Every December, I make my resolutions for the following year. What I make aren’t so much resolutions as significant phrases that capture what it is I want to concentrate on in the coming year. They always sound a little like New Age campaign slogans, especially if you put the year and an exclamation point after them (e.g. “Get organized 2012!” or “Courage 2006!”). I save these phrases in a document on my computer. Some years have only two or three slogans. Others have a dozen. Most of the slogans are commands, in the second person (e.g. “Stop whining,” or “Mind your own business”). There are some that appear year after year, like a student who keeps flunking the same grade, because I haven’t learned those lessons yet. I think I benefit from creating these slogans, even if I never master them. They have the same effect as writing down a grocery list; even if I don’t look at it before I go to the store, I’ll still be more likely to remember I need bread, asparagus and chocolate when I get to the store, just because I’ve written it down. That’s got to be worth something.
Some years are unintentionally ironic. Like the year 2005, where I had the following slogans:
It’s okay to do what you want.
Keep it Simple.
Let go of old ideas.
Make a ten-year plan.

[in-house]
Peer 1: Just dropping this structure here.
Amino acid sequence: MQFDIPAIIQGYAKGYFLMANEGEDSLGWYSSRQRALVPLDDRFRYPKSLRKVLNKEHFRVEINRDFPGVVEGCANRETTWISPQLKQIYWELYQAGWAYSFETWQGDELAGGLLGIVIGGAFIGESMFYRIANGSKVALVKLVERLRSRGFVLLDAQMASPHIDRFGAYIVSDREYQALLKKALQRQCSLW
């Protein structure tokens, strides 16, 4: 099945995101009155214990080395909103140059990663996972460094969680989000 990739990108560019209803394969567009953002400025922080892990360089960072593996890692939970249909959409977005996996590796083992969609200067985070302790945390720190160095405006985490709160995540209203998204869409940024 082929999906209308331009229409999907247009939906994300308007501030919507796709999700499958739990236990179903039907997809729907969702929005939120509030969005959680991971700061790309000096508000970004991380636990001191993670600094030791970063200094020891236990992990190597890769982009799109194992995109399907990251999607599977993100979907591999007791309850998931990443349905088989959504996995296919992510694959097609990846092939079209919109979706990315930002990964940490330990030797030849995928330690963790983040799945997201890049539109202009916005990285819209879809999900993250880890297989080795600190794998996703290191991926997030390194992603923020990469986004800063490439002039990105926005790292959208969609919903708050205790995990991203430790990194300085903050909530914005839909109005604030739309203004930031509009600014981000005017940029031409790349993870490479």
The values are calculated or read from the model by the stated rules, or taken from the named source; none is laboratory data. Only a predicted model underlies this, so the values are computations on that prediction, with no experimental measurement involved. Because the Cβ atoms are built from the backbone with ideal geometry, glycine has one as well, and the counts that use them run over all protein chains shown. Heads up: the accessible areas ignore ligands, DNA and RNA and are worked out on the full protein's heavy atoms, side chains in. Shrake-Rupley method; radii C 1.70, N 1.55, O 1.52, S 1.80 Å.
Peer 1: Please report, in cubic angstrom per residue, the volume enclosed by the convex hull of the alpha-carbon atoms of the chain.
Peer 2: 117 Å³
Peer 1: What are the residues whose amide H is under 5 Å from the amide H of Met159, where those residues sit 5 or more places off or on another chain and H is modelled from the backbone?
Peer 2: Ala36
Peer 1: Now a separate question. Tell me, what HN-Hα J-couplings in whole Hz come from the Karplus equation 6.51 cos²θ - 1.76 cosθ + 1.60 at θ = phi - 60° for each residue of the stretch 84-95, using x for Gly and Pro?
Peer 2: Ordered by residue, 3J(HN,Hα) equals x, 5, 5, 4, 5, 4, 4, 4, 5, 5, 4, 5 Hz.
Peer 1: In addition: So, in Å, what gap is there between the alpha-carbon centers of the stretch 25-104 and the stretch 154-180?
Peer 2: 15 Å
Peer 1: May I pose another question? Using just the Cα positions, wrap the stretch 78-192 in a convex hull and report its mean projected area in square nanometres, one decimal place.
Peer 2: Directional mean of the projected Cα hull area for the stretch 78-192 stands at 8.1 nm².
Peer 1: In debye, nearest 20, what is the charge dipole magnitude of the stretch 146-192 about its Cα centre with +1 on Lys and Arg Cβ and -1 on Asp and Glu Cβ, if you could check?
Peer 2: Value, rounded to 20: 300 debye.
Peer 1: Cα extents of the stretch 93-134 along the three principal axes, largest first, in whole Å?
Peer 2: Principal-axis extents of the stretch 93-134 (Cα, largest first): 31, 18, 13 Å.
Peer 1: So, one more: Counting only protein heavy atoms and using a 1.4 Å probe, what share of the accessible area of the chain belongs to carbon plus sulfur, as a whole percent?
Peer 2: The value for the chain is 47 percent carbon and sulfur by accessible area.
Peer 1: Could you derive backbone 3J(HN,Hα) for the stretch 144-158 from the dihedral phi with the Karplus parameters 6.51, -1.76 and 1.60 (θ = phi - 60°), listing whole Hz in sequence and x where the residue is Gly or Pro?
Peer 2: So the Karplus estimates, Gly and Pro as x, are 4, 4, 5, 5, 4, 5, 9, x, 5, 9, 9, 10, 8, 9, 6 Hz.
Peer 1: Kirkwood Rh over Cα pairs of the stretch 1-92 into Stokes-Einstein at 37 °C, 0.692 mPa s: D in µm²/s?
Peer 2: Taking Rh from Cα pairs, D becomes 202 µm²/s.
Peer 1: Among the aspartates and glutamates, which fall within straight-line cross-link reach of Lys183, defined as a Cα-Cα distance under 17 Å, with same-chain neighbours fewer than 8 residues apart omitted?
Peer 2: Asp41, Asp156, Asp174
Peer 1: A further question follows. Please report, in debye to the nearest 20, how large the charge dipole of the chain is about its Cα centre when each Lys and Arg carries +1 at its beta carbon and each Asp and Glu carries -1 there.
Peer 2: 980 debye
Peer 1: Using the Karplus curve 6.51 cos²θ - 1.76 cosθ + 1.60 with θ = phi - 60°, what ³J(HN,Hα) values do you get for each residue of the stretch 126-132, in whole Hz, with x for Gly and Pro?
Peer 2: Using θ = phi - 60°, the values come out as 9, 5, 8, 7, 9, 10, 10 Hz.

You could either read all four of those items as being almost the same thing, or you could see the last three as being in conflict with the first item on the list. Advice is often dangerous, and advice to one’s self is no different. It is our past self telling our future self—in unknown circumstances—what to do. Looking over my lists, I find that many of them keep trumpeting the same theme: to not worry too much about what others think. The following slogans from past lists all say essentially the same thing:
Don’t compare yourself to anyone living or dead (2002).
Mind your own business (2003).
Tend your own garden (2004).
Fire your inner critic (2009).
But if I had to pick one phrase that keeps popping up in different incarnations, it is the challenge to “focus.” However, the plan to focus is always buried among other plans, creative projects that span all genres, from baking to painting to singing to writing poetry. I guess if there’s one lesson here, it is the reality that, as important as it is to focus, it is equally important to realize the futility of that endeavor, for more than a short period. It’s an oxymoron. Maybe what we need is focused multi-tasking. Not to focus on one thing at the expense of all others, but to focus on the task at hand. Whether it is as little as five minutes or as much as five hours.
Focused multitasking. That’s going on my list for 2015.
If I can just find where I put that list.